INDIANA COVID CASES EXPLODE TO 8,451 ON SATURDAY: The Indiana Department of Health announced on Saturday that 8,451 additional Hoosiers have been diagnosed with COVID-19 through testing at state and private laboratories (Howey Politics Indiana). That brings to 244,887 the number of Indiana residents now known to have had the novel coronavirus following corrections to the previous day’s dashboard. A total of 4,638 Hoosiers are confirmed to have died from COVID-19, an increase of 25 from the previous day. Another 250 probable deaths have been reported based on clinical diagnoses in patients for whom no positive test is on record. Deaths are reported based on when data are received by the state and occurred over multiple days. The seven-day positivity rate is 10.9%. There were 2,634 hospitalizations in the state on Friday. Nine counties are now in red. The number of ICU beds available has declined to 23.5%, while 75.3% of ventilators are available. To date, 1,917,951 unique individuals have been tested in Indiana, up from 1,893,070 on Friday. A total of 3,482,745 tests, including repeat tests for unique individuals, have been reported to the state Department of Health since Feb. 26.

 

COVID SWAMPING INDIANA HOSPITALS: At Franciscan Health’s Indianapolis hospital, the number of people being treated for COVID-19 shot up this week to about 40, double the number from just a month ago (Russell, IBJ). At Reid Health in Richmond, the surge of COVID-19 patients has gotten so severe that doctors have stopped accepting referrals from nearby hospitals and have started looking for ways to discharge other patients earlier than normal. And at Lutheran Hospital in Fort Wayne, officials are wondering if COVID-19 patients could soon fill many of the hospital’s 396 beds. “We might get 20 patients today, 20 tomorrow, and 20 more the day after that,” said Dr. Vishal Bhatia, the hospital’s chief medical officer. “And if they keep on increasing, what do we do? There is a finite point to everything.” Across Indiana, the number of COVID-19 hospitalizations has been shattering records day after day, putting a strain on many hospitals and adding to the anxiety about how much longer the pandemic will continue.

 

HOLCOMB ORDER REQUIRES BUSINESS MASK POSTINGS: All Indiana businesses are expected to display signage alerting employees and customers that masks are required to be worn, according to Gov. Eric Holcomb’s new pandemic-related executive order that goes into effect Sunday (Erdody, IBJ). The latest order, which Holcomb signed Friday, requires all businesses to place “clearly visible signage at their public and employee entrances notifying that face coverings are required for all individuals entering the business.” Businesses are also required to re-evaluate any existing COVID-19 response plan and “update it to reflect current business practices and safeguards,” the order says. In May, Holcomb initially ordered businesses to create COVID-19 action plans, which were expected to include an employee screening process, cleaning and disinfecting procedures, and the availability of hand sanitizer or hand-washing supplies. Businesses are also encouraged to suspend any sick leave policy that requires a doctor’s note.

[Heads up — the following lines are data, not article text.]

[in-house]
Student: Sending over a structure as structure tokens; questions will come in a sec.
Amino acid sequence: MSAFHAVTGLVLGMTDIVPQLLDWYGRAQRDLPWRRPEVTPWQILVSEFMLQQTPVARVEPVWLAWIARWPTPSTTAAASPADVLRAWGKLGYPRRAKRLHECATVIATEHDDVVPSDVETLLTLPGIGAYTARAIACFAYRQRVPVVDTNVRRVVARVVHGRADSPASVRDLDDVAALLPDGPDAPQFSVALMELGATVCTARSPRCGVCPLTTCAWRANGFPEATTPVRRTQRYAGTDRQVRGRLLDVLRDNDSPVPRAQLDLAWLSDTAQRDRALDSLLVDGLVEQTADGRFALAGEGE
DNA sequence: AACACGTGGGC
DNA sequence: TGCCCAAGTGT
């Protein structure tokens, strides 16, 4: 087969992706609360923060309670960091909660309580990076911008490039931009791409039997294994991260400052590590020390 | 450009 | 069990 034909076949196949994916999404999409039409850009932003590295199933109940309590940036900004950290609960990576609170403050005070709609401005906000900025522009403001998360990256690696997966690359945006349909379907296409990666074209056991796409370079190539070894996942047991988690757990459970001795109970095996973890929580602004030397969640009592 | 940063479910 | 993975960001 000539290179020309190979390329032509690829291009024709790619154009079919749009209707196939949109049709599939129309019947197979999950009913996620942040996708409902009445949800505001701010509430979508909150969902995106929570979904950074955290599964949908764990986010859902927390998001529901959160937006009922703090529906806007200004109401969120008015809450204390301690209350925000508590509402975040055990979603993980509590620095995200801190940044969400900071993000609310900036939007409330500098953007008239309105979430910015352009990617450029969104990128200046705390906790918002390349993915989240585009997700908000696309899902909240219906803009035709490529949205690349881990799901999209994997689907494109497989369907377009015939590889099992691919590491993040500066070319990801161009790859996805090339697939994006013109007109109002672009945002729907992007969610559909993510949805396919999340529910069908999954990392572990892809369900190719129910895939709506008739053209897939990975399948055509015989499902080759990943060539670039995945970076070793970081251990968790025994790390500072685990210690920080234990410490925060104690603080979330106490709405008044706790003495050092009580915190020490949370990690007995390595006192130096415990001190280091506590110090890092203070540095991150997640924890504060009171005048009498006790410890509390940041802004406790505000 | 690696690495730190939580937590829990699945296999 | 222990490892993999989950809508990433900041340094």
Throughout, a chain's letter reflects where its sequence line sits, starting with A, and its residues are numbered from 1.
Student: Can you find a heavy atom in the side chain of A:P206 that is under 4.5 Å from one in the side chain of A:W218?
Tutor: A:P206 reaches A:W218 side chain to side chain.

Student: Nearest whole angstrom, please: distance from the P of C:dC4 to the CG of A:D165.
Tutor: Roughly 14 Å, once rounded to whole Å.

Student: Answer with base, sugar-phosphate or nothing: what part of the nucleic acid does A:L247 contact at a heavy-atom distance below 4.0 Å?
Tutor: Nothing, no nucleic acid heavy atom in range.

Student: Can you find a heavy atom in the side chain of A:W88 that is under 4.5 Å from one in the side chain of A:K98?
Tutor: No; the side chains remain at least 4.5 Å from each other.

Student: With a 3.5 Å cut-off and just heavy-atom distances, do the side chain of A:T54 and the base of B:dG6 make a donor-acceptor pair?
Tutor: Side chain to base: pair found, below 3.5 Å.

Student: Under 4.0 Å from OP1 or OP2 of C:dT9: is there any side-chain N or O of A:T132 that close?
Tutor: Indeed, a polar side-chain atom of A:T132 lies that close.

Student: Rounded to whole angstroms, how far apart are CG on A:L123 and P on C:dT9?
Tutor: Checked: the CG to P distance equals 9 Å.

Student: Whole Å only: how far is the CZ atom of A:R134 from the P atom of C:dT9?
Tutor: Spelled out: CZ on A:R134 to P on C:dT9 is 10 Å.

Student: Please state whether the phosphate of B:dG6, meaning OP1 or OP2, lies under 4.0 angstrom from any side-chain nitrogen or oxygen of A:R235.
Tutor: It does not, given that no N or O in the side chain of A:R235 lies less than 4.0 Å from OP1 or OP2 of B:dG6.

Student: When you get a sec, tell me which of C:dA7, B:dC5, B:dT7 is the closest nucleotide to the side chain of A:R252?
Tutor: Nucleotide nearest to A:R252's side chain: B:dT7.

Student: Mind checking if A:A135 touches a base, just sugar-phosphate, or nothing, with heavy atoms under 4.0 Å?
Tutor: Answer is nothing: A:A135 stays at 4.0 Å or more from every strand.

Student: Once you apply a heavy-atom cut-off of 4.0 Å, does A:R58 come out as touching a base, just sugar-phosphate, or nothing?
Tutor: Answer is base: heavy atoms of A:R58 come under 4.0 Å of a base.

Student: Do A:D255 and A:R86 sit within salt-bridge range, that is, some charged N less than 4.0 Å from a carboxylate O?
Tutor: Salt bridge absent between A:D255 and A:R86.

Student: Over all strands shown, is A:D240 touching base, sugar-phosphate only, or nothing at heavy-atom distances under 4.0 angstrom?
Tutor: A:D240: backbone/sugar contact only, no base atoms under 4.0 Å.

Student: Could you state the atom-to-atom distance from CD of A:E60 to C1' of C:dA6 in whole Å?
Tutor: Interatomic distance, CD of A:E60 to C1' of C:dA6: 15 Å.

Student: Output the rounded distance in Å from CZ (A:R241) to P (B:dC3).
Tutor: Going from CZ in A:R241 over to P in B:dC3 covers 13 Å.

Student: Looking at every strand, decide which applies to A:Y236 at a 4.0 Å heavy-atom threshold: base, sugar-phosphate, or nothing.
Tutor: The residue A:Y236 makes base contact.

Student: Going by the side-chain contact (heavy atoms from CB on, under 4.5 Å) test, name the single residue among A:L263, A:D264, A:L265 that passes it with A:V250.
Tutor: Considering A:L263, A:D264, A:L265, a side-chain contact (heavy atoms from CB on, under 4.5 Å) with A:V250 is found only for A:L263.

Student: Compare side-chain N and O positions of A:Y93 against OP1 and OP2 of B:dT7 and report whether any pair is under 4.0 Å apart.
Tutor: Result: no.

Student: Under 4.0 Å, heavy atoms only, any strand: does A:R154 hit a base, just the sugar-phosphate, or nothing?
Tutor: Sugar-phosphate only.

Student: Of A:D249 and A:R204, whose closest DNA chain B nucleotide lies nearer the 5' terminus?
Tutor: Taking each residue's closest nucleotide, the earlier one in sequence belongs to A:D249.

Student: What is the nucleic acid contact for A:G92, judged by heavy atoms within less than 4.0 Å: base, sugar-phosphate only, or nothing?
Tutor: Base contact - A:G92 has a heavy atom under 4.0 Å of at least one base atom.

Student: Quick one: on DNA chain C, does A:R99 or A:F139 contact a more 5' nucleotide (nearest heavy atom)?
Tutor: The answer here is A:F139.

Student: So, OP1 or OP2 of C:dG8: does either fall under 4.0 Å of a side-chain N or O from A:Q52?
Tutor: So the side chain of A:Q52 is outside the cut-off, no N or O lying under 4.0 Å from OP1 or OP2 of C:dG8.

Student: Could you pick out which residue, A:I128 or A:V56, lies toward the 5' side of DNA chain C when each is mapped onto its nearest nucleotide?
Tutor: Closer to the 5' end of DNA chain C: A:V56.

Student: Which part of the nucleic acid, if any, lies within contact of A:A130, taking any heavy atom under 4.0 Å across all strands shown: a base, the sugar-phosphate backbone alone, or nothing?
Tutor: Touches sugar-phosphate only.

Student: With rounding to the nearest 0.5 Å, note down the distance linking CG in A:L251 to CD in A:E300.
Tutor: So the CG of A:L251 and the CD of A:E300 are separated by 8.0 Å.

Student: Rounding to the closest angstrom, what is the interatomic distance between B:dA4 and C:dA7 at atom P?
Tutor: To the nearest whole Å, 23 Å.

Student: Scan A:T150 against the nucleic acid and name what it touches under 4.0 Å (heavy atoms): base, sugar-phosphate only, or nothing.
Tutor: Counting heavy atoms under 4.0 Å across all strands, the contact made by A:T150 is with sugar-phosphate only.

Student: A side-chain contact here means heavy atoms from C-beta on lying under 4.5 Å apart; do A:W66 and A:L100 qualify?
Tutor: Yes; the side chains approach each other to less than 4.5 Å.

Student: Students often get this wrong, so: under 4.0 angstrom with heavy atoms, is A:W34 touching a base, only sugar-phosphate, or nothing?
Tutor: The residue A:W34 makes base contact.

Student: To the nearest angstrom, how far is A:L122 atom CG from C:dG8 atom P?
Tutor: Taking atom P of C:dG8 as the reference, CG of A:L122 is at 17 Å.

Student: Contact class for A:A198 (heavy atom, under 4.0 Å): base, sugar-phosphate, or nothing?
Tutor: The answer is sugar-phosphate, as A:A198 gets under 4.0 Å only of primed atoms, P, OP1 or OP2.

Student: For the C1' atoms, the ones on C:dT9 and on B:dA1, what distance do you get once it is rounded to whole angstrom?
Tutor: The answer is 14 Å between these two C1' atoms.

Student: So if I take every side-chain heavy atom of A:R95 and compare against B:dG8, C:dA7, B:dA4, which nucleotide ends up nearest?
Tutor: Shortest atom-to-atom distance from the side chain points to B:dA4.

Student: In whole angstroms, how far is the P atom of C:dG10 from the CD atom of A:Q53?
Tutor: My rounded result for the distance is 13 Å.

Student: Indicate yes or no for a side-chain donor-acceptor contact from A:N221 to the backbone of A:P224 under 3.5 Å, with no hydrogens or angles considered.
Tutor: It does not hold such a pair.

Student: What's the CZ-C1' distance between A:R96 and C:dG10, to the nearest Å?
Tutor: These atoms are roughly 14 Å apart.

KLAIN SAYS LOCAL GOVERNMENTS WILL NEED TO 'STEP UP': Ron Klain, chief of staff to President-elect Joe Biden, said Americans as well as state and local governments need to “step up” on the coronavirus between now and Inauguration Day. “It’s a very grave situation,” Klain said Sunday on NBC’s “Meet the Press.” “Back in September, then-candidate Joe Biden warned that America was headed to a very dark winter if the administration didn’t step up its action.” “The very first day of his transition, on Monday of this week, the president-elect met with his COVID task force and they made a public statement afterwards where he called on all Americans to mask up, he urged governors to impose masking mandates now and reiterated that when he becomes president he will impose one on a nationwide basis,” he added. “He’s not the president right now, there’s not that much that Joe Biden can do right now to change things, other than to reiterate the message … that all Americans and our state and local governments need to step up right now.”

 

VIGO COUNTY RESERVES 4 REFRIDGERATOR TRUCKS FOR MORGUE: The health department in Vigo County is reserving 4 refrigerated trucks to hold deceased victims of the coronavirus. Last month, 181 county residents died—that’s nearly a 45 percent increase from the same month a year ago (Turner, Indiana Public Media). While the move is mentioned in their emergency preparedness plan, county health educator Roni Elder admits she can’t recall the last time such decisions were made. "Realistically, if we keep up with this, then we will actually have to implement and use those refrigerated trucks," Elder said. Vigo County’s positivity rate is currently at 12 percent after being near five percent in early October.

 

SCHMUHL PASSES ON INDEM CHAIR: Mike Schmuhl is passing on the soon-to-be open Indiana Democrat chair position (Howey Politics Indiana). Democratic presidential candidate Pete Buttigieg's former campaign manager said in a statement, “Since I moved back home to Indiana in 2009 to work for Joe Donnelly, electing Hoosier Democrats has been at the heart of my career, and it culminated in the historic 2020 Pete for America campaign. While I won't be a candidate for chair of the state Democratic Party next year, I will do everything I can to help our Indiana party to gain strength and secure victories in the years ahead.” Current Chairman John Zody said he will not seek a third term after the party did not winning a single statewide race since 2013 and has been unable to dent Republican super majorities in the Indiana House and Senate.